Advances in surgical practice have always depended upon the introduction of enabling technologies. In the mid 19th century, the introduction of anaesthesia enabled surgeons to develop procedures to remove diseased or damaged tissues. In the mid 20th century, the advent of antibiotics and greater understanding of biocompatibility issues allowed surgeons to replace damaged tissues; the introduction of immunosuppressive therapies extended this technology to transplantation of whole organs. In the latter years of the 20th century, advances in computer and imaging technologies provided the tools needed to develop endoscopic interventions. These enabled surgeons to remove diseased tissues with less collateral damage and begin to repair damaged tissues in situ. The 21st century has seen the nascence of stem cell technologies. Surgeons are now seeking ways to employ stem cells to regenerate damaged tissues.

At each step in this surgical journey, the enabling technologies have been exponentially more complex and sophisticated. Where surgery of the 19th and 20th centuries may have been viewed as a craft specialty, development of surgical practice in the 21st century surgery will necessitate the translation of tissue engineering, synthetic biology, materials science and computer assisted technologies into the operating environment. This can only be achieved if biologists, engineers, computer scientists and surgeons are brought together to share their skills.

Unlike genetically modified foods, the public broadly welcomes stem cell technology and patients’ requests for stem cell treatments are increasing. Imam and Snow provide a much-needed insight into the development of stem cell technology and the potential role of stem cell expansion in the regeneration of damaged and deficient musculoskeletal tissues. The authors explain where stem cells come from, what makes them special, how they can be made to multiply and be influenced to differentiate into different tissues. In contrast to the public demand for stem cell treatments, legislative and governance bodies have struggled to create an ethical framework for the investigation, development and clinical introduction of stem cell treatments. The authors explain these challenges and the varying constraints on the development of this technology around the world.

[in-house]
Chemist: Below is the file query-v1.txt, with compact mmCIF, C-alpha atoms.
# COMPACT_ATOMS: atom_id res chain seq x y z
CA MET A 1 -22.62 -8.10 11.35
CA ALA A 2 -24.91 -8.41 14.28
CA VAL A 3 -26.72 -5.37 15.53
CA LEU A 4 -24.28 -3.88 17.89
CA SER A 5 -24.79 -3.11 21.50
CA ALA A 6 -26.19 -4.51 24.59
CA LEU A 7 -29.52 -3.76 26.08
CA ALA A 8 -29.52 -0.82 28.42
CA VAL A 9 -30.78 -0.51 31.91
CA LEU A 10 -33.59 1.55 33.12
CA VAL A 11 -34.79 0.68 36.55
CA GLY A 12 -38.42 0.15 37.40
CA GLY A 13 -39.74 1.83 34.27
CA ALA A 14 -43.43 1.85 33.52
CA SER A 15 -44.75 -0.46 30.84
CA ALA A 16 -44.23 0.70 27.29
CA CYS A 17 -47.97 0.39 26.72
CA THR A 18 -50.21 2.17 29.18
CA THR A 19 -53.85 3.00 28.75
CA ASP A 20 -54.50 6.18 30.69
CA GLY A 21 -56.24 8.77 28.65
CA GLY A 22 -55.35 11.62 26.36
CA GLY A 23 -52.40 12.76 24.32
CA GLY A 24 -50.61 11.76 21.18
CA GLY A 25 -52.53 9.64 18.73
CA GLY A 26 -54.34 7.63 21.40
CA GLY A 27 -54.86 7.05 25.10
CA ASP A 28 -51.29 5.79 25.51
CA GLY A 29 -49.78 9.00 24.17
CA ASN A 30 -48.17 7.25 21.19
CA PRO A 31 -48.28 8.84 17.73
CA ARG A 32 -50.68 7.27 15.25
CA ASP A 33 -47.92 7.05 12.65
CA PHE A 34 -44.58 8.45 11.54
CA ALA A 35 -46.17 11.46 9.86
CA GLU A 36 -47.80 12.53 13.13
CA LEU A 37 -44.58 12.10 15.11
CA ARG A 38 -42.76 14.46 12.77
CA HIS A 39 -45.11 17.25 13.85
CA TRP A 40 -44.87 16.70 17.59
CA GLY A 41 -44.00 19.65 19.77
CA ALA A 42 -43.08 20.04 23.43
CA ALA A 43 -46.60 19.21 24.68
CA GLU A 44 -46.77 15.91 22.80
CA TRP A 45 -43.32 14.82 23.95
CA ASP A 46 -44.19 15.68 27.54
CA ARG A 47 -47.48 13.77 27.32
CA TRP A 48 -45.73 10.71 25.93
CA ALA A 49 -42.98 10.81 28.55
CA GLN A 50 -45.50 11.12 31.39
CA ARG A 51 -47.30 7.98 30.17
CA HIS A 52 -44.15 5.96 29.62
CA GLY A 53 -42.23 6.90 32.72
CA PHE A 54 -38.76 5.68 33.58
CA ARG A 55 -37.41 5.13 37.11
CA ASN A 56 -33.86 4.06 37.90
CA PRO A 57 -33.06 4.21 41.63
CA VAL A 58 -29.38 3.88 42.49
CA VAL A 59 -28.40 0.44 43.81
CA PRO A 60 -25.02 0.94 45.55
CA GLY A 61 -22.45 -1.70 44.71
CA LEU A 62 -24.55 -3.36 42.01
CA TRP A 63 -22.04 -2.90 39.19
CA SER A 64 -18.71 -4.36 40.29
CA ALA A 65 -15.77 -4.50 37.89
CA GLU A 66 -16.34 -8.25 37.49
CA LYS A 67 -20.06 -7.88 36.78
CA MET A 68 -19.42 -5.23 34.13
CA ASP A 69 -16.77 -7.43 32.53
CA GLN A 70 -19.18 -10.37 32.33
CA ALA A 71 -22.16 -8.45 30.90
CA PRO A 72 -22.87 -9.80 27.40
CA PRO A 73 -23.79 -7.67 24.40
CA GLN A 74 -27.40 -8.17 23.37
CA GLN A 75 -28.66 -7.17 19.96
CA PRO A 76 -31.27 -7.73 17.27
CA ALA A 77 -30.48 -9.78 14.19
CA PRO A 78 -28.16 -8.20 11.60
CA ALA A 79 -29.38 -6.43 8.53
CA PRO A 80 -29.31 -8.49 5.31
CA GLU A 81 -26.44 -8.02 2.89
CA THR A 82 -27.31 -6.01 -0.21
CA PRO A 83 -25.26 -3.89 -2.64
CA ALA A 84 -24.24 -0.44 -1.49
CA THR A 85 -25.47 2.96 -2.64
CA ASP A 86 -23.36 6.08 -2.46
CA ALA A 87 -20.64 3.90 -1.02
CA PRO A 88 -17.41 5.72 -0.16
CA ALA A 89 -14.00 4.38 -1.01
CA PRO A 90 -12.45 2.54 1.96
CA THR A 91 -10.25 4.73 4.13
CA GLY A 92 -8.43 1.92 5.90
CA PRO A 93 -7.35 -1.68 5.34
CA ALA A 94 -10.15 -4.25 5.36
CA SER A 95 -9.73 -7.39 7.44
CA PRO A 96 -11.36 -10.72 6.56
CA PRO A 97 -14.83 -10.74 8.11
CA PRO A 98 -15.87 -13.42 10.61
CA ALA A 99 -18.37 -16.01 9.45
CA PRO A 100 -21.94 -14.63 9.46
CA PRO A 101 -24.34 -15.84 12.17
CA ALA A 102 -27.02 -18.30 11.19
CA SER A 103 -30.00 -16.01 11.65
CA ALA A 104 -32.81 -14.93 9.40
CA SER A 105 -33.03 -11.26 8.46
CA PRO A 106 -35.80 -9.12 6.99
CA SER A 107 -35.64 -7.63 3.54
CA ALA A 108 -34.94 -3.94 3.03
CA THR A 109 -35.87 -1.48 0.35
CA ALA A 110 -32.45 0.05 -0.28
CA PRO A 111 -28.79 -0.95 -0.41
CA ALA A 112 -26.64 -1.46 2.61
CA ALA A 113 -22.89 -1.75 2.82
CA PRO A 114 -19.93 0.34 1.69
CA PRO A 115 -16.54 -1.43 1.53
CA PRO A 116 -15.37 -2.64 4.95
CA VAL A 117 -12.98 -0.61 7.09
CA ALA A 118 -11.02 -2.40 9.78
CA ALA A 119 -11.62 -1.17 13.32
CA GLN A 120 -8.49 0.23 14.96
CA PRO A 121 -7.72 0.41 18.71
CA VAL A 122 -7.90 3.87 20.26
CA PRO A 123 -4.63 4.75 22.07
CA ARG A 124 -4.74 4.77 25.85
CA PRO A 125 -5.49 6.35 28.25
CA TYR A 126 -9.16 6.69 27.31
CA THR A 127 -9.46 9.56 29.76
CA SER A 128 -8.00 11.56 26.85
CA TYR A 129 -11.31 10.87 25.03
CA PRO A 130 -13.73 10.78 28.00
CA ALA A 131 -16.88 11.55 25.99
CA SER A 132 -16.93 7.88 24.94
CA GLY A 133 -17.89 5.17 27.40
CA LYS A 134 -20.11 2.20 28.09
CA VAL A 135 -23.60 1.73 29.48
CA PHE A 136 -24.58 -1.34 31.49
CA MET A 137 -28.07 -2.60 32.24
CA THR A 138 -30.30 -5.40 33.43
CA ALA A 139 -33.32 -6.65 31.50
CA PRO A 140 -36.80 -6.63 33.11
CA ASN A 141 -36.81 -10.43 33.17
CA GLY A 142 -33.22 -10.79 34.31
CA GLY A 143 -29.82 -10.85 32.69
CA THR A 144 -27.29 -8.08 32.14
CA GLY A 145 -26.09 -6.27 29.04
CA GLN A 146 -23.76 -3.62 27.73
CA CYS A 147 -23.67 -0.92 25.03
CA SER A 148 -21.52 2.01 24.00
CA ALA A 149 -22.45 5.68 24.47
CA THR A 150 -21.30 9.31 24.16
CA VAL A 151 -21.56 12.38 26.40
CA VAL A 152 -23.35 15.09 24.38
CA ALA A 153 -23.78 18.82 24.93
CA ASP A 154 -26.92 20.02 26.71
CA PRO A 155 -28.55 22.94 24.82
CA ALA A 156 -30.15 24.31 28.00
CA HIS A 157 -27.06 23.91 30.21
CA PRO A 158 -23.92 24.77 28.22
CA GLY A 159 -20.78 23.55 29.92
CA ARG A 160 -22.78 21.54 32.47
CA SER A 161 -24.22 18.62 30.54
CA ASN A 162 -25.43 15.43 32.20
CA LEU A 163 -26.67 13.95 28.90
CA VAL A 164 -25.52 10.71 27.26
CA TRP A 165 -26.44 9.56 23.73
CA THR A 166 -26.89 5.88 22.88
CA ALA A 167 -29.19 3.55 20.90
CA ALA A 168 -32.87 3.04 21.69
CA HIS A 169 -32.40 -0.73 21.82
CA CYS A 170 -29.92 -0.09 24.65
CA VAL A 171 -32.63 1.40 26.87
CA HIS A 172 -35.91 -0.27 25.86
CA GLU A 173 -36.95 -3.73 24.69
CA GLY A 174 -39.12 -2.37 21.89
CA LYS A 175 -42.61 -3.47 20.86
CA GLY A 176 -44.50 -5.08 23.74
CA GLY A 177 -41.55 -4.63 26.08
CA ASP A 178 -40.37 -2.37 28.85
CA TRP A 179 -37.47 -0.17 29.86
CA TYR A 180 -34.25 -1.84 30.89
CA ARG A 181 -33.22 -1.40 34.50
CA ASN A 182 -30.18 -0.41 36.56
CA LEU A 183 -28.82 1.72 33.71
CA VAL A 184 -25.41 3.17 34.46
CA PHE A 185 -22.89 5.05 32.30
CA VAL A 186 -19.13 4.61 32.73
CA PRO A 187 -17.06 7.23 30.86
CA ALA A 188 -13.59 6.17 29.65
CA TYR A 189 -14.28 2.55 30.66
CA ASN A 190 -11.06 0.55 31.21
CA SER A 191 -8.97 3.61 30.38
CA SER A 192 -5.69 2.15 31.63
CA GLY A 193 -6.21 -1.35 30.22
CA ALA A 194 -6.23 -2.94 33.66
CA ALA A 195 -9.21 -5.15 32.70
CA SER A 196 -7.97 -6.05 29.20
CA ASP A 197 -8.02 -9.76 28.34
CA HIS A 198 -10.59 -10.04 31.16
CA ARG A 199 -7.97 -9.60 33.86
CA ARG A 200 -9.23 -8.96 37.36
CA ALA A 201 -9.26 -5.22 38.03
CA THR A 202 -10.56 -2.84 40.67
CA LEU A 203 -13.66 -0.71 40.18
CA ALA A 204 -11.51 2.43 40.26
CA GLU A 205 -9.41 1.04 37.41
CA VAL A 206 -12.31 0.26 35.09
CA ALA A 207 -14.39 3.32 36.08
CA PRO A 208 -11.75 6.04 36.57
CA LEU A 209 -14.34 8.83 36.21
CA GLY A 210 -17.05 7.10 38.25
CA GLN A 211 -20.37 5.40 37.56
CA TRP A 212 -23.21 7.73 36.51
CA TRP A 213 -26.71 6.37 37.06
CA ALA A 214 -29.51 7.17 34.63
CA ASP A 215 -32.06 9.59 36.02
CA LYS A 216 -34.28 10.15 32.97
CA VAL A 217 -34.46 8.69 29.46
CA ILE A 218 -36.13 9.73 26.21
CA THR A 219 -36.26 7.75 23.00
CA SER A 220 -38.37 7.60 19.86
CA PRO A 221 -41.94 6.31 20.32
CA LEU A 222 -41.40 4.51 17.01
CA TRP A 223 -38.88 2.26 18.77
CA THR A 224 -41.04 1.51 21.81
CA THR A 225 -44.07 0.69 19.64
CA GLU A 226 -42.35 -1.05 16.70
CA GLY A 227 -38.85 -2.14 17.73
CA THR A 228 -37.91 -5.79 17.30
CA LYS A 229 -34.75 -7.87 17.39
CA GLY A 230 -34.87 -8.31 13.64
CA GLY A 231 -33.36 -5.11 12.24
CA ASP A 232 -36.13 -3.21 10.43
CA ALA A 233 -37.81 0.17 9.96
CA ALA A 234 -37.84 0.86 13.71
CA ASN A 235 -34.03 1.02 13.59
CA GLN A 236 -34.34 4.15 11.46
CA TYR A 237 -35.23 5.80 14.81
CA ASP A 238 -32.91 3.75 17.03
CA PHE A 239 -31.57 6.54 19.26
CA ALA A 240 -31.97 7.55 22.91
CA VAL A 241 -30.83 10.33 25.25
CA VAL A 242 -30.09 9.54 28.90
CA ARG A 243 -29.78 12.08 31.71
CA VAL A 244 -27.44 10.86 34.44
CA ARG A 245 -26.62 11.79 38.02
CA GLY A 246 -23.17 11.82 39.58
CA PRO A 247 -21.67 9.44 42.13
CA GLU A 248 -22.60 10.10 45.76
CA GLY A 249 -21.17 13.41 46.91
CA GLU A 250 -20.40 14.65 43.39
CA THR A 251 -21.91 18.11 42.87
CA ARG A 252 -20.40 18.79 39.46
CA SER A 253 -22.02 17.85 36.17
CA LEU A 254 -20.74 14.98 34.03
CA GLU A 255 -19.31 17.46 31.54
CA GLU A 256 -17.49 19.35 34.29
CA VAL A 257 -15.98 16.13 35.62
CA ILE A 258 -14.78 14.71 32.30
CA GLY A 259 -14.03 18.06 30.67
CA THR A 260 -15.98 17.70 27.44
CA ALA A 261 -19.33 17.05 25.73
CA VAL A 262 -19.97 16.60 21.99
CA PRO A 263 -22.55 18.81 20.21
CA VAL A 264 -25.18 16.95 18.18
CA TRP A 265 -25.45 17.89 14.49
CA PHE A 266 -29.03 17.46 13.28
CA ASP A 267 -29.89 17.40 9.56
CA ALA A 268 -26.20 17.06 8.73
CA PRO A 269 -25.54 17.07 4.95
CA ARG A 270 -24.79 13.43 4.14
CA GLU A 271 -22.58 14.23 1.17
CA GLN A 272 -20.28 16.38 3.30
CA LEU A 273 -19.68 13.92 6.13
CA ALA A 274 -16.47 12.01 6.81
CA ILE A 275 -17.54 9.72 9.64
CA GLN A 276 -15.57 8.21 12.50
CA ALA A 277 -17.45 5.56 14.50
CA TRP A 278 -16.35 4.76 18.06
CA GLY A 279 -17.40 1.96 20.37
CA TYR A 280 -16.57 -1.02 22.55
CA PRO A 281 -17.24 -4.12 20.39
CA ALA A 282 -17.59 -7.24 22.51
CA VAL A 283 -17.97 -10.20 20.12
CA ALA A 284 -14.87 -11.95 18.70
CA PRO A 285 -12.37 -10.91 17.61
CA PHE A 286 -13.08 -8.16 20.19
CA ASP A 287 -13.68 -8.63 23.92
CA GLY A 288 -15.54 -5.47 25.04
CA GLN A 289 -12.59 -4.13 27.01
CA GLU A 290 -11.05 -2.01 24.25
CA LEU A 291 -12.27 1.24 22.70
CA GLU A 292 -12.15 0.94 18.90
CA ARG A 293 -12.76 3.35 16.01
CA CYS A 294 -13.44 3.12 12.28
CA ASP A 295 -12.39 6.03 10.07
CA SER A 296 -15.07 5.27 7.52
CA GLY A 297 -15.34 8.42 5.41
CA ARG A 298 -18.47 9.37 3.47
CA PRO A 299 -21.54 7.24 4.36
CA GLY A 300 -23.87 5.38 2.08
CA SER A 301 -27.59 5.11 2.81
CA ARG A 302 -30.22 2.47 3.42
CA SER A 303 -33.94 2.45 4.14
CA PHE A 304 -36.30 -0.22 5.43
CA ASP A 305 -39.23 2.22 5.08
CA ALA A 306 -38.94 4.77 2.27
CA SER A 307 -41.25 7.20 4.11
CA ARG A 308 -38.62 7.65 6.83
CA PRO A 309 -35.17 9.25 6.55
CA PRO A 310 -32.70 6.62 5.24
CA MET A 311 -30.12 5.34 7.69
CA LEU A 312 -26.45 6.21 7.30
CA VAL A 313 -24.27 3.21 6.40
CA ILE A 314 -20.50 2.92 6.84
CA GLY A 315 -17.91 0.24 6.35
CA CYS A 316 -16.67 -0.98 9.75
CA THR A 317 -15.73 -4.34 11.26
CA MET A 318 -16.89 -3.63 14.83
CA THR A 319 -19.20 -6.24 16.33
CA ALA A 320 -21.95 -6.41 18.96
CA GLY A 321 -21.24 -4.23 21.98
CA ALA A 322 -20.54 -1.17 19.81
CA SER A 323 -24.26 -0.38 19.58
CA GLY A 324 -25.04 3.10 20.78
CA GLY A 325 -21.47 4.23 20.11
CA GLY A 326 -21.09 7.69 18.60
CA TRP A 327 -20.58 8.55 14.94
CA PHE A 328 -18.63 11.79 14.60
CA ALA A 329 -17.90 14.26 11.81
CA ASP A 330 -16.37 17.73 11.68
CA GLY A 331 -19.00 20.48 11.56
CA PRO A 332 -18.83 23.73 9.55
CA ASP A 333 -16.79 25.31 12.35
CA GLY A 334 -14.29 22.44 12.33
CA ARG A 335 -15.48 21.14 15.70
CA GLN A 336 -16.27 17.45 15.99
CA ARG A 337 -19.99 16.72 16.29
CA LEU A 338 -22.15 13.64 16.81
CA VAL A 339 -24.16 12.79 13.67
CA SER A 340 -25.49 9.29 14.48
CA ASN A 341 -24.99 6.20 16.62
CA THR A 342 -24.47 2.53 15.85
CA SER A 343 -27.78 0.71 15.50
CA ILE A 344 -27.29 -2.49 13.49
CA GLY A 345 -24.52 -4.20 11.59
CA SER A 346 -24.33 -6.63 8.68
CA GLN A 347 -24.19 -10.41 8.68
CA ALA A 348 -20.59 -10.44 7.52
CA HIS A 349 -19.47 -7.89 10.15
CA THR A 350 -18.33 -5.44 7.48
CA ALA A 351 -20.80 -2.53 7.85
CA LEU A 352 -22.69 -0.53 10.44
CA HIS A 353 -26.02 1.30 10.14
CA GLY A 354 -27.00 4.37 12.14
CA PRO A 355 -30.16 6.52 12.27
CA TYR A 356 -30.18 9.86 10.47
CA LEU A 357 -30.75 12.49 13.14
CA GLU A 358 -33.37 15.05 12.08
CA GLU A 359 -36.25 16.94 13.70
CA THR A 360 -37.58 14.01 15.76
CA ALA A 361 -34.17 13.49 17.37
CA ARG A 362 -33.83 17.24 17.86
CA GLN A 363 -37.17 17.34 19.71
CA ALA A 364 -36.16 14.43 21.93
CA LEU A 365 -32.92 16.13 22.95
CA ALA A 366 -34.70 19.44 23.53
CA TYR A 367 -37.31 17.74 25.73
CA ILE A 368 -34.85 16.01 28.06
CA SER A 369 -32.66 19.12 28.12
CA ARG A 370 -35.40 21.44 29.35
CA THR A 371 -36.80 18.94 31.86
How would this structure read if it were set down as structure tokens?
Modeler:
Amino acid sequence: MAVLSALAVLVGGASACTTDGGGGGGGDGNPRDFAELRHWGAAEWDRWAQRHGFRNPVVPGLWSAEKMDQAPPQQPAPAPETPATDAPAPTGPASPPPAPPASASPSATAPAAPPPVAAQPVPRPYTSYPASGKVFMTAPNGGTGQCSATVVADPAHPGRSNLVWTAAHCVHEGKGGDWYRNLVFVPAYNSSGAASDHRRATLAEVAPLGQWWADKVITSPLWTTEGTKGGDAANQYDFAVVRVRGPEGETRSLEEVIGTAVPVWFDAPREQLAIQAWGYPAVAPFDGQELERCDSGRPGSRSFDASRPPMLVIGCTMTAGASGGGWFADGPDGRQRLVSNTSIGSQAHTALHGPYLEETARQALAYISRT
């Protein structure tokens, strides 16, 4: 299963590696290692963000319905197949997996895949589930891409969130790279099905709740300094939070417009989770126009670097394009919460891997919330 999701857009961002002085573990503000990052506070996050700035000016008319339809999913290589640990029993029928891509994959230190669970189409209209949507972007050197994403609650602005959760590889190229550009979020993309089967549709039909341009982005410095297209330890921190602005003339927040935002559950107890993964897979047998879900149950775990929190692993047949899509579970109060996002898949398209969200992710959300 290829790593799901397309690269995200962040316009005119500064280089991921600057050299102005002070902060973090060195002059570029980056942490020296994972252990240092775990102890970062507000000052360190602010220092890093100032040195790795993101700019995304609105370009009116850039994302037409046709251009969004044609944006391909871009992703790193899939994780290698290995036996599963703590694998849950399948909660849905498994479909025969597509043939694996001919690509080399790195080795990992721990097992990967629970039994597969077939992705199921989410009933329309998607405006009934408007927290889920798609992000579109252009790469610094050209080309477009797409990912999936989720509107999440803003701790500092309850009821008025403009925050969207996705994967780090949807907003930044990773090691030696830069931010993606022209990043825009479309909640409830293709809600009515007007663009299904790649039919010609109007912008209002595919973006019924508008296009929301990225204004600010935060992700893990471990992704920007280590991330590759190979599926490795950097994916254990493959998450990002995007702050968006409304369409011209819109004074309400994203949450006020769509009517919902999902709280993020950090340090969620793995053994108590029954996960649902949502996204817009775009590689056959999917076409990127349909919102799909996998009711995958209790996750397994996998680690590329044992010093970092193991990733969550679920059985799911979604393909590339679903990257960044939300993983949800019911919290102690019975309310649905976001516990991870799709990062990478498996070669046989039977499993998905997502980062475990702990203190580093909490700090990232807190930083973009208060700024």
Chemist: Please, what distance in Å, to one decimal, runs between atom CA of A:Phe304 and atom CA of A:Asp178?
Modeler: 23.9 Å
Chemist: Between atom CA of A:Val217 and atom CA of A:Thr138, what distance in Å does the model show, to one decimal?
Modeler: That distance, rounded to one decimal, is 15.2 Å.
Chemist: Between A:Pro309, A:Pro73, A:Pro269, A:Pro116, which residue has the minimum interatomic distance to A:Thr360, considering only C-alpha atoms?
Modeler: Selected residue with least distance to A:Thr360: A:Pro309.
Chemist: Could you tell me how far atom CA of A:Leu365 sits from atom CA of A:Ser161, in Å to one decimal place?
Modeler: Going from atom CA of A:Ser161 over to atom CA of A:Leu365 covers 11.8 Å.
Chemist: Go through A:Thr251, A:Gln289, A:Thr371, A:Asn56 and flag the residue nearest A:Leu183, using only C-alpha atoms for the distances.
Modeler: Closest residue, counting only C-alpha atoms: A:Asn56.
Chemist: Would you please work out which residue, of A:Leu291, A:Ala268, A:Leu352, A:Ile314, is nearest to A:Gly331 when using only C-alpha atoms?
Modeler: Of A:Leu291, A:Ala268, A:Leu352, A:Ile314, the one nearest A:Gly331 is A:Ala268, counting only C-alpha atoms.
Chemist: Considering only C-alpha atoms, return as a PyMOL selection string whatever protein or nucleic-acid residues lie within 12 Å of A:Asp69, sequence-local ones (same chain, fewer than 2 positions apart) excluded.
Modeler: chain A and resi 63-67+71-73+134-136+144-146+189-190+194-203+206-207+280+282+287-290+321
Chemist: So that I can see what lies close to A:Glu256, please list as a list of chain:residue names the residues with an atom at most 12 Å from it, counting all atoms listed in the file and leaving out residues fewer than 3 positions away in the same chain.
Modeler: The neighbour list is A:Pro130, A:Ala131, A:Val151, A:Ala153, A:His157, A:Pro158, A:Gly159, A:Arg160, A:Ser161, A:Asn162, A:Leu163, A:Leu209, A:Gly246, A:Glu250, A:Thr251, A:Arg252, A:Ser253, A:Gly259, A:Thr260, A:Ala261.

Imam and Snow provide us with a snapshot of current progress in the application of stem cell expansion across the spectrum of musculoskeletal medicine. In addition to work on the use of stem cells in the treatment of non-unions and bone defects, they explore the potential for articular cartilage regeneration, repair of tendon injuries, the treatment of degenerative joint disease, revascularization of bone and regeneration of damaged nerves.

In this rapidly evolving field, Imam and Snow have provided an invaluable explanation and record of the first applications of stem cell technology in musculoskeletal healthcare. The book should prove to be a landmark in orthopaedic history and an inspiration to young scientists and surgeons alike.

Richard E Field
St George’s University of London
UK
South West London Elective Orthopaedic Centre
Epsom & St Helier NHS Trust
Society for Hip Arthroscopy


Preface

Mesenchymal Stem Cells in the form of expanded stem cells are believed to have multipotent plasticity. The expanded stem cells are capable of being differentiated into various cell lineages such as cartilage, bone, tendon, muscle, and nerve. These unique purported properties can play a significant role in the repair and regeneration of various tissues across a number of orthopaedic specialties.